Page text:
I believe Christmas pudding in its current form is a Victorian invention like most of our Christmas traditions. But its origins go back to the middle ages when a thing called “frumenty” was eaten at Christmas, which was a sloppy mixture of beef suet, mutton, fruit, wine and spices.
Last Sunday was Stir Up Sunday when one is supposed to make the Christmas pudding. All the family stir the pudding and make a wish which is a tradition my kids still insist on.
I think most people buy a pudding these days and some don’t like Christmas pudding at all but it is very popular in my house, really easy to make and the women in my family have always made our own. This is the recipe I use based on the ingredients we like best.
Put the following ingredients into a big bowl:
110g shredded suet
110g white breadcrumbs
1 level teaspoon ground mixed spice
pinch freshly grated nutmeg good pinch ground cinnamon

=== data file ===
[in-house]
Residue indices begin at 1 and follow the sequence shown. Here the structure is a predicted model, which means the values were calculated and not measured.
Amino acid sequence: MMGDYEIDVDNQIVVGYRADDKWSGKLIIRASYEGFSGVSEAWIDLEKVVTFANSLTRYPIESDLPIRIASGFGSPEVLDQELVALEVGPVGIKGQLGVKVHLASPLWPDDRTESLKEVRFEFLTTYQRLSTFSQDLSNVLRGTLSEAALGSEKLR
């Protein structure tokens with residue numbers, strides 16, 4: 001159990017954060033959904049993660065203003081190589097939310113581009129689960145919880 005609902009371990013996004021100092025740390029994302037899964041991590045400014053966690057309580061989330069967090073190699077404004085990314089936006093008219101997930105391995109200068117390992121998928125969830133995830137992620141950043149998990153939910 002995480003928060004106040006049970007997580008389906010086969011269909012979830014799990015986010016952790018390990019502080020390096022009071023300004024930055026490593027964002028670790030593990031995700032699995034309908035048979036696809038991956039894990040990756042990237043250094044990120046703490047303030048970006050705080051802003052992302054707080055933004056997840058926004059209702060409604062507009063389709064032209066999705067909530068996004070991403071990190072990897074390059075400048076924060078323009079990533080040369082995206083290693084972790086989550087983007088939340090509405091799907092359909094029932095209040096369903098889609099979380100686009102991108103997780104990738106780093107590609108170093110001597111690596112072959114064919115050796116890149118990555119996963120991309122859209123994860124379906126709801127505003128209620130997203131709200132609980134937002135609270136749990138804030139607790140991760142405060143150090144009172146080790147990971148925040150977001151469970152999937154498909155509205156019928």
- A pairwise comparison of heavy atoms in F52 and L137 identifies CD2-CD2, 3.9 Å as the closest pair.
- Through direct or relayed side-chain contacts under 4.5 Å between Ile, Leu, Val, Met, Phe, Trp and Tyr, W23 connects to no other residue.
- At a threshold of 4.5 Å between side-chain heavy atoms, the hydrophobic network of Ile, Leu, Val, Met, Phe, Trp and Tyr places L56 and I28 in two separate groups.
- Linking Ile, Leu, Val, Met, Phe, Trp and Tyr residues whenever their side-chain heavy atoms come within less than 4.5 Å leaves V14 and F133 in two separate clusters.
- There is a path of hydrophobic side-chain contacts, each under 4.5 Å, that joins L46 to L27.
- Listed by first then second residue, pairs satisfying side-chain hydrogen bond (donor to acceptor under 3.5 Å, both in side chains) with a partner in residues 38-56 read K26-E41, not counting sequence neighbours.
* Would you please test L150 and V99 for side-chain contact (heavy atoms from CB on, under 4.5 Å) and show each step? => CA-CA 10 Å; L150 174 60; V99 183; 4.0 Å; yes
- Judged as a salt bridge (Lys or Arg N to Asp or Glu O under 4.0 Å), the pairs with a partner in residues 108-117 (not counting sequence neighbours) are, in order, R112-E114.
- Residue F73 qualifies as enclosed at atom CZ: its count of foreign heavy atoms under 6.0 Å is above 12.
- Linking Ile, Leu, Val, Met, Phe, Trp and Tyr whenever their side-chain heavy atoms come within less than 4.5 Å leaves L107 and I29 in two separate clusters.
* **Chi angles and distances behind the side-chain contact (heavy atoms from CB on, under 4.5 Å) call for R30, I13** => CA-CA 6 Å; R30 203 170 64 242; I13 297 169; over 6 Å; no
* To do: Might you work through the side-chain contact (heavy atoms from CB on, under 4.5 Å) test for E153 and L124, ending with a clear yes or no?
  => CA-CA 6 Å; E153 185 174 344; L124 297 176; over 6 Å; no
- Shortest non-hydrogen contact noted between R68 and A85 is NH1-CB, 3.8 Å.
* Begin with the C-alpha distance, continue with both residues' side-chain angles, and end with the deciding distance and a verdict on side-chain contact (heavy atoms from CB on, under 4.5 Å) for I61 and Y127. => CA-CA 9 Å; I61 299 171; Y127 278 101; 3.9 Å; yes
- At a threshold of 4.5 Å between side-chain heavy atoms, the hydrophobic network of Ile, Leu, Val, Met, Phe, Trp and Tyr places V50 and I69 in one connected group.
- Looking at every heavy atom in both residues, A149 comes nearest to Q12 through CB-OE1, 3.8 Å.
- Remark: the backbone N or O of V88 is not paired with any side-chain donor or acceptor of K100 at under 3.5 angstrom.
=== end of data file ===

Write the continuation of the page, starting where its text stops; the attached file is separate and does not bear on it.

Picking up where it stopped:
225g soft dark brown sugar
500g dried fruit (I use a mixture of raisins, sultanas, cranberries and chopped prunes)
a handful of chopped nuts, if liked
a finely chopped cooking apple or a quince if you can get hold of one
grated zest of an orange
2 tbs brandy
150ml Guinness (put the rest of the bottle in a casserole or down your throat!)
Mix all the above together, cover the bowl and leave for a few hours before adding:
2 large eggs
50 grams self raising flour
Now you get everyone in the house to stir the mixture and make a wish before packing it into a greased 2 pint pudding basin. Cover the basin with a double layer of pleated baking parchment tied tightly round the rim of the basin with string. Now steam the pudding for 8 hours making sure the water doesn’t boil dry. When it is cooked, replace the baking parchment with fresh and store the pudding in a cool dry place until Christmas day when it’ll need steaming for a further 3 hours.